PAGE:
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Title: Interactions between arbuscular mycorrhizal fungi and soil greenhouse gas fluxes
Author: Storer, Kate Elizabeth
Awarding Body: University of York
Current Institution: University of York
Date of Award: 2013
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Arbuscular mycorrhizal fungi (AMF) can form a mutualistic symbiosis with over two-thirds of all land plants, providing phosphorus and/or nitrogen in exchange for carbon. They can have a significant effect on the surrounding soil, altering pH, water content, structure, and drainage. Important greenhouse gases (GHG) including carbon dioxide (CO2), methane (CH4) and nitrous oxide (N2O) can be influenced by these factors, yet to date the interactions between AMF and soil GHG fluxes are surprisingly understudied. A microcosm system was developed to study GHG fluxes in the presence and absence of AMF hyphae. A central compartment contained an AMF host plant (Zea mays L.), with two outer compartments, that either allowed (AMA) or prevented (NAMA) AMF hyphal access. Organic matter patches of dried, milled, Z. mays leaves mixed with soil were added to the outer compartments to encourage proliferation of AMF hyphae and GHG production. Soil-atmosphere fluxes of N2O, CO2 and CH4 from the outer compartments were quantified, and gas probes were developed to measure N2O concentrations within the organic matter patches. Data from a series of microcosm experiments provide evidence for AMF interactions with soil fluxes of N2O and CO2, but not CH4. Soil CO2 fluxes were found to be a useful non-invasive method for determining the presence of AMF in hyphal compartments. The N2O concentrations in organic patches decreased in AMA treatments, and a subsequent experiment demonstrated that N2O production by nitrifiers may be limited in the presence of AMF hyphae. In contrast, following harvesting, N2O fluxes from organic matter patches were higher in the AMA treatment; possibly because carbon release from severed AMF hyphae fuelled denitrification. These interactions have important implications for N cycling and sustainable agriculture. The evidence presented in this thesis suggests that AMF may play a previously unappreciated role in reducing soil-atmosphere losses of N2O.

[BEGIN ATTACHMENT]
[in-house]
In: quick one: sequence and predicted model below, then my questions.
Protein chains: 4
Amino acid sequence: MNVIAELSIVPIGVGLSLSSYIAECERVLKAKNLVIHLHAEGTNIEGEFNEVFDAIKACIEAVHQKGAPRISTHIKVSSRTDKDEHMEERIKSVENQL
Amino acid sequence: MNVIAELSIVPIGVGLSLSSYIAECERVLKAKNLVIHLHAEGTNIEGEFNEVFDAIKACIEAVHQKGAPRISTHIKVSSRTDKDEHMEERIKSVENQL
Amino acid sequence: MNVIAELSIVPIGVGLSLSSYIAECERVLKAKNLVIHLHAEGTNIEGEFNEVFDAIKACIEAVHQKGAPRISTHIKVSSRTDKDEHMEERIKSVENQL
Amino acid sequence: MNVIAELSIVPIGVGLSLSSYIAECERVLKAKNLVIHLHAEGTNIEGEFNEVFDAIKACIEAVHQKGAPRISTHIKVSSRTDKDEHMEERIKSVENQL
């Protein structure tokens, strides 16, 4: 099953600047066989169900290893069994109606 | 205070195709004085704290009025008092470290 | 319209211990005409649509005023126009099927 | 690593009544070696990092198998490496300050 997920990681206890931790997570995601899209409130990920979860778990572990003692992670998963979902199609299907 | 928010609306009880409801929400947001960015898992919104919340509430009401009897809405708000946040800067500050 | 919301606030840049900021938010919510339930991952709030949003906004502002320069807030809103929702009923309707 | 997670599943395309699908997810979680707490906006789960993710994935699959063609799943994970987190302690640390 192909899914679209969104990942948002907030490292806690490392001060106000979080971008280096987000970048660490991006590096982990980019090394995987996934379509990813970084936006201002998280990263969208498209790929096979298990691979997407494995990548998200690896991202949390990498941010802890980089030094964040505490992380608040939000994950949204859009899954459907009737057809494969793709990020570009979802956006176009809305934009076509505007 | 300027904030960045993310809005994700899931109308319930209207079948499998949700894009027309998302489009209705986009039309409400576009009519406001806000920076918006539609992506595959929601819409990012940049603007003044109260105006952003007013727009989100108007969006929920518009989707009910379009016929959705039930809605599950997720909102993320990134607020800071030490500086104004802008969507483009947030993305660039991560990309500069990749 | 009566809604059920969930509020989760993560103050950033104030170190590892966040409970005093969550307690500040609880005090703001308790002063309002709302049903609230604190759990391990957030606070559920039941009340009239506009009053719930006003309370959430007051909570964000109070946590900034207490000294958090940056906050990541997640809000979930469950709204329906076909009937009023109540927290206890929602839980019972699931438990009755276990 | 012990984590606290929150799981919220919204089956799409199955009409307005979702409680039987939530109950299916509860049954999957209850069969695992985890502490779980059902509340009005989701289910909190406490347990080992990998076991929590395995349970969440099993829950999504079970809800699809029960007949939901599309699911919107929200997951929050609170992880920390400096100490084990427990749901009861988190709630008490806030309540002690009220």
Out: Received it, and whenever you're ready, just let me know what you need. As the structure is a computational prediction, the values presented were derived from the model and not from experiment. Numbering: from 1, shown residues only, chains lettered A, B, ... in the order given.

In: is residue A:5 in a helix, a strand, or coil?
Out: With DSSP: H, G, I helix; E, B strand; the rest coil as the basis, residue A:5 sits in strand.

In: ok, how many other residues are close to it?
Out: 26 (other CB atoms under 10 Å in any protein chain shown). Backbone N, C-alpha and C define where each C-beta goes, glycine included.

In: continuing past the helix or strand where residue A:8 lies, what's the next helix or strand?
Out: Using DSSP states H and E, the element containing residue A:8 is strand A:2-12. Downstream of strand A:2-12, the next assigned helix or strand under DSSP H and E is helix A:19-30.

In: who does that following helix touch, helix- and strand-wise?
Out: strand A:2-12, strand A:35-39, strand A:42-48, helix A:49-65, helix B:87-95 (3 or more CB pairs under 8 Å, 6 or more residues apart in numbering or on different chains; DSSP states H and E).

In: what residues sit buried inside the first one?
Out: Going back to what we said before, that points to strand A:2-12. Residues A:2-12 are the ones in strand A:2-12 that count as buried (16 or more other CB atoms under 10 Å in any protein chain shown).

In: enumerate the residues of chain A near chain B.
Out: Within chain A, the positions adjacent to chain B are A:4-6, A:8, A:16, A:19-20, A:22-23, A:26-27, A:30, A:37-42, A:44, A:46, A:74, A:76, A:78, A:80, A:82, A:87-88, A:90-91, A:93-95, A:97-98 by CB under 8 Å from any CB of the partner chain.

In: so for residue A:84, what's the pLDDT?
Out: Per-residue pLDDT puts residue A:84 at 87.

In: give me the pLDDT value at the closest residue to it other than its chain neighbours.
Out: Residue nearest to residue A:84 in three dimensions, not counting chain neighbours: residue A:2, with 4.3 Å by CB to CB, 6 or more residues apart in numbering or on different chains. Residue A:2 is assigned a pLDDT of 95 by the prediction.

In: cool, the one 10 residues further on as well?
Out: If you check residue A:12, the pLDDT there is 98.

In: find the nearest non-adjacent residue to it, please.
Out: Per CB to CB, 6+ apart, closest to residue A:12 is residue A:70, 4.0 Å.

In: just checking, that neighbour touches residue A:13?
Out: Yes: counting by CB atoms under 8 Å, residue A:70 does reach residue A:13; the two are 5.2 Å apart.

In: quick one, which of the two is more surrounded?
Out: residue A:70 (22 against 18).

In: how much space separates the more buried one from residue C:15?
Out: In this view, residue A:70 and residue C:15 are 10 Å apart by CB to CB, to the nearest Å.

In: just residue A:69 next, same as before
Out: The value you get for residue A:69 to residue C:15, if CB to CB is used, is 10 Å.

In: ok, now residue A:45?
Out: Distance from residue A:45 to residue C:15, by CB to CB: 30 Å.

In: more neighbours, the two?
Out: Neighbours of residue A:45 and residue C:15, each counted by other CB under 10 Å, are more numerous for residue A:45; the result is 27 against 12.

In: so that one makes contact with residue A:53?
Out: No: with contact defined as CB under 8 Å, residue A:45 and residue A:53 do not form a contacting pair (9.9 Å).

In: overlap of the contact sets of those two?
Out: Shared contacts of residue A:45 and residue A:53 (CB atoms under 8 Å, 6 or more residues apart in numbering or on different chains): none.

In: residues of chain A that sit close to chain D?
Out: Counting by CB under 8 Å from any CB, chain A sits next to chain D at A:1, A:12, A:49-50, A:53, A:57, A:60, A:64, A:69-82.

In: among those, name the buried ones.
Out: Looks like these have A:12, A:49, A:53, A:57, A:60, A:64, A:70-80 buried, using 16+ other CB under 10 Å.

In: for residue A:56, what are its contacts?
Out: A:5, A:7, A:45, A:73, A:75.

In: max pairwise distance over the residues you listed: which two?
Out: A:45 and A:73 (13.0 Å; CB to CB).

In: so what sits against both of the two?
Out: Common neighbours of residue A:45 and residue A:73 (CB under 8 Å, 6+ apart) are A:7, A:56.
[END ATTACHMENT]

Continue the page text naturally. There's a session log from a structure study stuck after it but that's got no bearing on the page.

Supervisor: Ineson, Philip ; Hodge, Angela Sponsor: Not available
Qualification Name: Thesis (Ph.D.) Qualification Level: Doctoral
EThOS ID:  DOI: Not available